For most of President Trump's multiple decade foray through the limelight, his elder daughter Ivanka has been a regular presence by his side. She is often recognized as Trump's "favorite child," even by her siblings, a distinction that seems accurate given her West Wing position as adviser to the POTUS. The 35-year-old mother of three is said to hold real sway over her father, and made it clear early on she would push for certain policies, such as better work benefits for mothers. The realities of motherhood are personal for Trump, who revealed to Dr. Oz she struggled with "some level" of postpartum depression following the birth of all three of her children.
Speaking in a segment that will air Thursday, Trump opened up about an experience millions of mothers will recognize. "It was very – it was a very challenging, emotional time for me because I felt like I was not living up to my potential as a parent or as an entrepreneur and an executive," said Trump, echoing a common sentiment for new moms who struggle with postpartum depression. Trump went on, "And I had had such easy pregnancies, that in some way the juxtaposition hit me even harder."
Trump has three children — Arabella, 6, Joseph, 3, and Theodore, 16 months. Speaking with People Magazine while on the campaign trail with her father in 2016, Trump acknowledged the intentionality she felt was required to be a mother, a CEO of a thriving business, and an on-the-road political adviser/support system. "I want my children to see me first every morning, so I wake up at 5 and make sure to shower and exercise before they get up," she said of her morning routine. Trump also admitted, "My life is chaotic right now. I'm exhausted 90 percent of the time."
During the presidential campaign, Trump ran an ad for her father that opened with the line "The most important job any woman can have is being a mother." She went on to highlight herself as an example of someone taking both parenting and her career seriously, while promising a President Trump would fight for better maternal leave policies, childcare tax credits, and dependent care savings accounts.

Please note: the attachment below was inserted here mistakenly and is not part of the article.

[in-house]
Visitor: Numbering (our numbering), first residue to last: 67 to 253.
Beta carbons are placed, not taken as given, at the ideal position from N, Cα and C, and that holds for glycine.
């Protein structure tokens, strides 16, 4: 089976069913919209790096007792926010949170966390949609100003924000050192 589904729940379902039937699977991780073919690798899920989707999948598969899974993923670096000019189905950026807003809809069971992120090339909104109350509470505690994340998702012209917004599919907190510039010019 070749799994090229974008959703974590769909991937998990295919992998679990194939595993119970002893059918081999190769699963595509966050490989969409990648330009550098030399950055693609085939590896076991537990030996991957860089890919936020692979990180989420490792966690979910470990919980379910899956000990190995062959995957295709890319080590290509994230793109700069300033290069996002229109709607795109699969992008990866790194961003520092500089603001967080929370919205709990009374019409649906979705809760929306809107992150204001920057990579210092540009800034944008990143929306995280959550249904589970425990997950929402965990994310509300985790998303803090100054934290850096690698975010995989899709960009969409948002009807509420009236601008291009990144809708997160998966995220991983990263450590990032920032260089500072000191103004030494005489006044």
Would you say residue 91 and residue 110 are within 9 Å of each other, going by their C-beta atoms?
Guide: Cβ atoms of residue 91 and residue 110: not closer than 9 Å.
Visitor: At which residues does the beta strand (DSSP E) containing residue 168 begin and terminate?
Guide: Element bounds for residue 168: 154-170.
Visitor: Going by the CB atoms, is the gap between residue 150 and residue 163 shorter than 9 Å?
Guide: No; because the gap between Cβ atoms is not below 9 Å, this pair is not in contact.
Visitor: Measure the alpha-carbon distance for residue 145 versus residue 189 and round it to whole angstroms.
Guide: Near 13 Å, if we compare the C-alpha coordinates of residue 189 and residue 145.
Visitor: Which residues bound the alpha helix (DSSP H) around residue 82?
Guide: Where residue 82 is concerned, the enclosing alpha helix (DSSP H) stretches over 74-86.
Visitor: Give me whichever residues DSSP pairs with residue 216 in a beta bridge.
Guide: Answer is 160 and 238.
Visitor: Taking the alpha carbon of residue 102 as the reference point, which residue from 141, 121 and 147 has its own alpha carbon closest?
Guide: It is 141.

As a mother and career woman, Ivanka Trump has chosen a very public role as advocate for fellow working moms. It should be noted, the policies she voiced support for during and since Trump's campaign in favor of better pay and options for working mothers are not typically Republican talking points.
Trump's admission that she struggled with postpartum depression may give other women who feel ashamed or are in denial about their own similar experience the courage to speak out and seek help.
According to the American Psychological Association, up to 1 in 7 mothers will have some degree of postpartum depression. The disease can be debilitating for many new moms, who are already dealing with adjusting to a newborn baby. Panic attacks, constant anxiety, feelings of worthlessness, uncontrollable sadness are listed as symptoms, alongside the simply put experience of "misery." Postpartum depression can be dangerous for women, especially if they do not get proper help.
Despite a range of public figures speaking up about their own postpartum experiences, from Gwyneth Paltrow to Alanis Morissette to Chrissy Tiegan, many new moms still feel a stigma about admitting they are struggling — and not without reason. Society hasn't necessarily reached a point of knowledge and compassion where postpartum depression is concerned.
So it is encouraging to hear Ivanka Trump be frank about her own experiences following giving birth. It's the kind of candid talk many would no doubt welcome her to engage in at her day job, too.